The contracts for both the Taxicard and Dial-a-Ride services are up for renewal and we may make changes in the future that could affect users of the services.
For example, the service could change to use more black taxis and fewer private hire vehicles, or it could change to use more private hire vehicles and fewer black taxis.
Changes to the service may also impact upon the cost to users (or the number of trips available) availability of vehicles, waiting times and the nature of the service e.g. upgrading from a “kerb-to-kerb” to a “door-to-door” service.
During March and April, Taxicard users and representative organisations gave us their thoughts on what they thought of the current service and how certain changes could affect their experience of using the service. We received over 17,000 responses to our online and paper questionnaire. These responses are now being considered before we set out a proposed course of action to the London Councils Transport and Environment Committee and TfL Surface Transport Board. The results of the consultation questionnair will be published on this webpage and on TfL's website in due course.
Want more information?
You can find more detailed information about the new contract and why this could affect the service below.
Why might the Taxicard or Dial-a-Ride services change?
The contracts for both the Taxicard and Dial-a-Ride services are due for renewal and, as part of the renewal process, we may make changes to the contracts that mean you see changes in the service you receive. Currently, the contracts are separate, but provided by a single company. One option under consideration is for TfL and London Councils to merge similar elements of the Dial-a-Ride and Taxicard services (advanced and as soon as possible (ASAP) bookings) in one contract and have a separate contract for street hailing.
To get the benefits from a merged contract, it might be necessary to align both how the service is delivered and the performance indicators used to measure success. This could mean that Taxicard users would see changes to the way in which the services are delivered.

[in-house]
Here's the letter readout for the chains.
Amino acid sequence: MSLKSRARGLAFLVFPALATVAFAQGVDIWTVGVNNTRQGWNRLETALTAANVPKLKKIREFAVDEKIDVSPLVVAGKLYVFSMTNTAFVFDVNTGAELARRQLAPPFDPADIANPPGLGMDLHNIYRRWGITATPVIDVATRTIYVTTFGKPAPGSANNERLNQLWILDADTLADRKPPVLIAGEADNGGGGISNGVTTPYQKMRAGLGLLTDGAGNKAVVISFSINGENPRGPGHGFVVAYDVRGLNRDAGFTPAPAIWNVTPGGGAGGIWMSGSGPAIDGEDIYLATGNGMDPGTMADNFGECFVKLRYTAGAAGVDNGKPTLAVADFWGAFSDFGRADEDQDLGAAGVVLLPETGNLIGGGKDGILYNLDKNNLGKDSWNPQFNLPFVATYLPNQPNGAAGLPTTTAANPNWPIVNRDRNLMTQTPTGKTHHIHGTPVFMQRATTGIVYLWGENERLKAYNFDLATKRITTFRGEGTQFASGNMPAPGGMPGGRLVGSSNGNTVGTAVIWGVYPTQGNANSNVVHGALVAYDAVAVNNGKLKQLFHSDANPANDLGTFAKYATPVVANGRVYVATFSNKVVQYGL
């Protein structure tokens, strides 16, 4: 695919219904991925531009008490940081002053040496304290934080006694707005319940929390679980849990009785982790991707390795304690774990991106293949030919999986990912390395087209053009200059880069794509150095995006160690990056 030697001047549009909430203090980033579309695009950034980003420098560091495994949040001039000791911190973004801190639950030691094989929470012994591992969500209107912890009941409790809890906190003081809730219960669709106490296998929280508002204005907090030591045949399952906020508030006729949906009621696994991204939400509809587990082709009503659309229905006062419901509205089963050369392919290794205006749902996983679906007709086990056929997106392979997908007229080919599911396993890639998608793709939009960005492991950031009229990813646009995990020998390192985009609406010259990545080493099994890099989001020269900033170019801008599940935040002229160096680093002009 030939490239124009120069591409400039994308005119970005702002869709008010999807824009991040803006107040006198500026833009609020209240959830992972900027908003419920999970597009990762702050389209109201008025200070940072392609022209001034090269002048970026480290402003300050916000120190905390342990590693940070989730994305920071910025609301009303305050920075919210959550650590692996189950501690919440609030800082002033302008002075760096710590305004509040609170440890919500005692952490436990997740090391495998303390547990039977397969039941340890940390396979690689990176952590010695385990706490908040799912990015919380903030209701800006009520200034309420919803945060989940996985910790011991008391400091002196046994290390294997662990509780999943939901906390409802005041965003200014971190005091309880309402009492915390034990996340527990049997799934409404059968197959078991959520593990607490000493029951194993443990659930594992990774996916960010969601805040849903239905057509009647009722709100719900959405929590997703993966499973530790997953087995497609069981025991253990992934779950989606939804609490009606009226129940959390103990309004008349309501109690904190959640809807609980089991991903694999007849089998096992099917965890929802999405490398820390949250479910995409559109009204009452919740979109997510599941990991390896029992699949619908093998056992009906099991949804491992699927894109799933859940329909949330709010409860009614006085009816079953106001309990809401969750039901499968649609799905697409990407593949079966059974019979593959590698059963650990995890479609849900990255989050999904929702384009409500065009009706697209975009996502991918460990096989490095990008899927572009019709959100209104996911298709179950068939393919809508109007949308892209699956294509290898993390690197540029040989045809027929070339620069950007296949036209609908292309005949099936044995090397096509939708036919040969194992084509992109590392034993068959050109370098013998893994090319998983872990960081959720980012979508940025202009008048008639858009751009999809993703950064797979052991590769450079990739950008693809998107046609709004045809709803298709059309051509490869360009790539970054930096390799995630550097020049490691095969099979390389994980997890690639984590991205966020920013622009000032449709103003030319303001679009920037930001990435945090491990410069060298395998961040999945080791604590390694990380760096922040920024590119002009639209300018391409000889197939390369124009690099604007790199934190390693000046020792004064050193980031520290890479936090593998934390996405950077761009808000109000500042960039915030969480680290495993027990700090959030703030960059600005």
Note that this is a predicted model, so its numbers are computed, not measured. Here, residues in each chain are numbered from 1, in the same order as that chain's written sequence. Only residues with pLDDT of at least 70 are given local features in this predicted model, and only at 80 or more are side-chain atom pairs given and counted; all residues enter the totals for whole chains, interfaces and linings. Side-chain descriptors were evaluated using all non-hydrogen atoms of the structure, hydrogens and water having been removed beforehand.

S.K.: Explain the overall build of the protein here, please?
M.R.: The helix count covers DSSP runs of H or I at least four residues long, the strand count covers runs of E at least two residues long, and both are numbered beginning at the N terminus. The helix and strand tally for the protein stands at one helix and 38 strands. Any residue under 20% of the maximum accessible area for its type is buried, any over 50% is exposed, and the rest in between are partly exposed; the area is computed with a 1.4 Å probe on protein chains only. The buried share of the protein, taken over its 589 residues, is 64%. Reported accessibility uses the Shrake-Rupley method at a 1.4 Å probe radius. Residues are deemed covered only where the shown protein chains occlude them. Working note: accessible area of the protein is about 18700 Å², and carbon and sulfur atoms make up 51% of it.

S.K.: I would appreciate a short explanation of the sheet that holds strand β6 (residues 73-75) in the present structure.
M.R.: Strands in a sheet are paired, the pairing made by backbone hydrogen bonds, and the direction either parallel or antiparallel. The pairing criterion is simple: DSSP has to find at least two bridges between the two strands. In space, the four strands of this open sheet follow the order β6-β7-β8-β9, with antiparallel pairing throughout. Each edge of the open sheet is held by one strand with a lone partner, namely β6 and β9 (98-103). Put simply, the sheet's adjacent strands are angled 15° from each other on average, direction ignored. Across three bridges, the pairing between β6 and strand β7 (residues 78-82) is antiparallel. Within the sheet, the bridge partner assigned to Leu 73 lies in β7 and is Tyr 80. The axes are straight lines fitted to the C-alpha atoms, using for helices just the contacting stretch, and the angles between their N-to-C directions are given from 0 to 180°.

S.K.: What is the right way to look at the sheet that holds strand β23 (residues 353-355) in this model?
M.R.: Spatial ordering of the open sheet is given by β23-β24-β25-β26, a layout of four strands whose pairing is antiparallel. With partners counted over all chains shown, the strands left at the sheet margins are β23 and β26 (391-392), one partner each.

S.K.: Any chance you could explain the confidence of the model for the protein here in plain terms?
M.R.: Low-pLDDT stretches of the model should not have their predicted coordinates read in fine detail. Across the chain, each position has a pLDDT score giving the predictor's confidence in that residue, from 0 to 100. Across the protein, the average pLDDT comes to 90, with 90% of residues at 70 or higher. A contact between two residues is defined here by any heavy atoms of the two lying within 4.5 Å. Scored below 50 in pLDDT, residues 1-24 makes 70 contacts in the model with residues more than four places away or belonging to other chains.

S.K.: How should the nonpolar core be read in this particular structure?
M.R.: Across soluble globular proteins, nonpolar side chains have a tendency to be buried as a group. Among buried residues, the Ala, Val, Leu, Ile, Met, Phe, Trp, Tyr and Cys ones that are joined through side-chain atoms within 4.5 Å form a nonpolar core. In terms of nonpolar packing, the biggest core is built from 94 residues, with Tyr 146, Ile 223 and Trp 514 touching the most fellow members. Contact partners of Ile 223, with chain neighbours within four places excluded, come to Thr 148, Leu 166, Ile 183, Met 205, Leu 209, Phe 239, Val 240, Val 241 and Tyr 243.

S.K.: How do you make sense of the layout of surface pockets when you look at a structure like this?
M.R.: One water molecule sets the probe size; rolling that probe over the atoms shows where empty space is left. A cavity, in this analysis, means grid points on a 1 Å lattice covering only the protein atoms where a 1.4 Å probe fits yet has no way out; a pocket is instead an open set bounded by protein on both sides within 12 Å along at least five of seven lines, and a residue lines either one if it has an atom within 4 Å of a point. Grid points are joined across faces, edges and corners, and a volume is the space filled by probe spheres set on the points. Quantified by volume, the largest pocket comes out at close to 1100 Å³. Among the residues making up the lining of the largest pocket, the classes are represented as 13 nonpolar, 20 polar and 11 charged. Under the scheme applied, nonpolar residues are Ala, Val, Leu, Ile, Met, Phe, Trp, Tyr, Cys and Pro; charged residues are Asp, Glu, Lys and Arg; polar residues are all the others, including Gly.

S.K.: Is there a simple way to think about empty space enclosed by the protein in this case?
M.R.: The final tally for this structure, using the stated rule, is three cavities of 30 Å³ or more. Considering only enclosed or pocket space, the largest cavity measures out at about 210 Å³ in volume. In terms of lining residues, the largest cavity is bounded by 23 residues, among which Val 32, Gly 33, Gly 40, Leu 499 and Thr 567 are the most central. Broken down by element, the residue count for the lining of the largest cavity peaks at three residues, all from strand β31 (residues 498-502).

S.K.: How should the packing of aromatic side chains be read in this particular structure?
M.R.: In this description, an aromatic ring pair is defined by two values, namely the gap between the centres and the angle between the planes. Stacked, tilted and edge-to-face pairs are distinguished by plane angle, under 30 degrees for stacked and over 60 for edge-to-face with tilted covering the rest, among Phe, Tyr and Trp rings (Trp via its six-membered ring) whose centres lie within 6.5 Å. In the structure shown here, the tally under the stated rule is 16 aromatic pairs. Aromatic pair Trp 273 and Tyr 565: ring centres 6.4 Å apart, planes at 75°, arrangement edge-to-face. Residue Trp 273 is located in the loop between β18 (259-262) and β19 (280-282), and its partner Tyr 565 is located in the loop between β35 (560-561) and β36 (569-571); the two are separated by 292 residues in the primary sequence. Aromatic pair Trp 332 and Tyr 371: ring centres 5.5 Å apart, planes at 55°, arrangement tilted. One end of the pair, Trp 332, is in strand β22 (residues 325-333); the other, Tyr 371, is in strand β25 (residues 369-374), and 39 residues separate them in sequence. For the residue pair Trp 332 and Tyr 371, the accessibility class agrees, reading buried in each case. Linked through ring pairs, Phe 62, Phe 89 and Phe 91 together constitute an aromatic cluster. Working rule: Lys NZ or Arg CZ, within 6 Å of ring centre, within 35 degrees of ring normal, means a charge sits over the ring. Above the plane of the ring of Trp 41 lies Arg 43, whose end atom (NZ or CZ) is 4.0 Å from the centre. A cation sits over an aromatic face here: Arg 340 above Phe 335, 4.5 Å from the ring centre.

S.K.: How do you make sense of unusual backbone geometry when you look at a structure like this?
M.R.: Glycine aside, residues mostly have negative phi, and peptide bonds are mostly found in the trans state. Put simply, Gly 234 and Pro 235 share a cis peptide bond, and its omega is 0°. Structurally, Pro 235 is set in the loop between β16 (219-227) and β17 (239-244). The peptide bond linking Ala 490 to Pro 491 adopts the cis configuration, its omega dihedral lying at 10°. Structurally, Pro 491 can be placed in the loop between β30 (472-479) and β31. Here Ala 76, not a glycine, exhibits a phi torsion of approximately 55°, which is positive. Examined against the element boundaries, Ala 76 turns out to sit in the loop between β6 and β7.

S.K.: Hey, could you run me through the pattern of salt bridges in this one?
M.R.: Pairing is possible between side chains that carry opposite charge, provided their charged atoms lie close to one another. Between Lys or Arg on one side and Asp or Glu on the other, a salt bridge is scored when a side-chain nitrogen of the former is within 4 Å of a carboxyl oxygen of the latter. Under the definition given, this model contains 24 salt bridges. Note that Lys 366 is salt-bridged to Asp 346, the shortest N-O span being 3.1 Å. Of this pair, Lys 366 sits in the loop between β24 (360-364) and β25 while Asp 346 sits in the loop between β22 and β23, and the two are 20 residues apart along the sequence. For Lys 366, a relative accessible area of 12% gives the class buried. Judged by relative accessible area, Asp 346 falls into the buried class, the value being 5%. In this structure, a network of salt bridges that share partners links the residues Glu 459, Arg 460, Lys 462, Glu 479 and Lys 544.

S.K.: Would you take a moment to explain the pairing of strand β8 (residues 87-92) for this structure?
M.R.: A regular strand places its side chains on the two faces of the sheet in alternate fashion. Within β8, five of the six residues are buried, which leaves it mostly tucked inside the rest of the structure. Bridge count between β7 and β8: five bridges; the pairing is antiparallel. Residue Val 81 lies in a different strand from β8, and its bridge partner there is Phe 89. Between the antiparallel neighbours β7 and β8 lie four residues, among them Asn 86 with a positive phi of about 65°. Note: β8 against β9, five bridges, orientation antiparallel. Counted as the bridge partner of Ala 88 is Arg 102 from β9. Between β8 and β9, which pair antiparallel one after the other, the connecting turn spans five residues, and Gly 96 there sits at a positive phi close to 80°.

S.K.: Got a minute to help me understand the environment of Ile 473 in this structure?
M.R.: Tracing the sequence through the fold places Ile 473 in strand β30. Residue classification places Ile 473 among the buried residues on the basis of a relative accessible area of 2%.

Splitting off street hailing from the rest of the contract could also mean that this element of the service is provided by a different company to the advanced and ASAP bookings. Such a move might mean that more private hire vehicles are used to deliver the service, but it could also mean the opposite. Currently for Taxicard, 85-90 per cent of journeys are delivered by licensed black taxis, with 10-15 per cent provided by private hire vehicles.
Changes to the service may also impact upon the cost to you (or the number of trips available) availability of vehicles, waiting times and the nature of the service e.g. upgrading from a ‘kerb-to-kerb’ to a ‘door-to-door’ service.
Tell me a bit more about the contracts…
The current contracts for the Taxicard service and the Dial-a-Ride service were let separately by London Councils and Transport for London (TfL). London Councils and TfL are working together to consider jointly contracting the services. By working together and increasing our bargaining power, London Councils and TfL believe we may be able to provide a better and more efficient service.
Why might a new joint contract affect my service?
A new joint contract with the providers of black taxis and private hire vehicles would affect Taxicard users because all their journeys are taken in either a black taxi or a private hire vehicle. The only part of the Dial-a-Ride service that would be affected would be those journeys provided using taxis or private hire vehicles. This makes up only a small proportion (6 per cent) of journeys. Most of the Dial-a-Ride service is provided using minibuses and this part of the service would remain contractually separate.
Who funds and runs Taxicard and Dial-a-Ride?
Taxicard is jointly funded by TfL and the London local authorities, and is administered by London Councils. Dial-a-Ride is wholly funded and administered by TfL.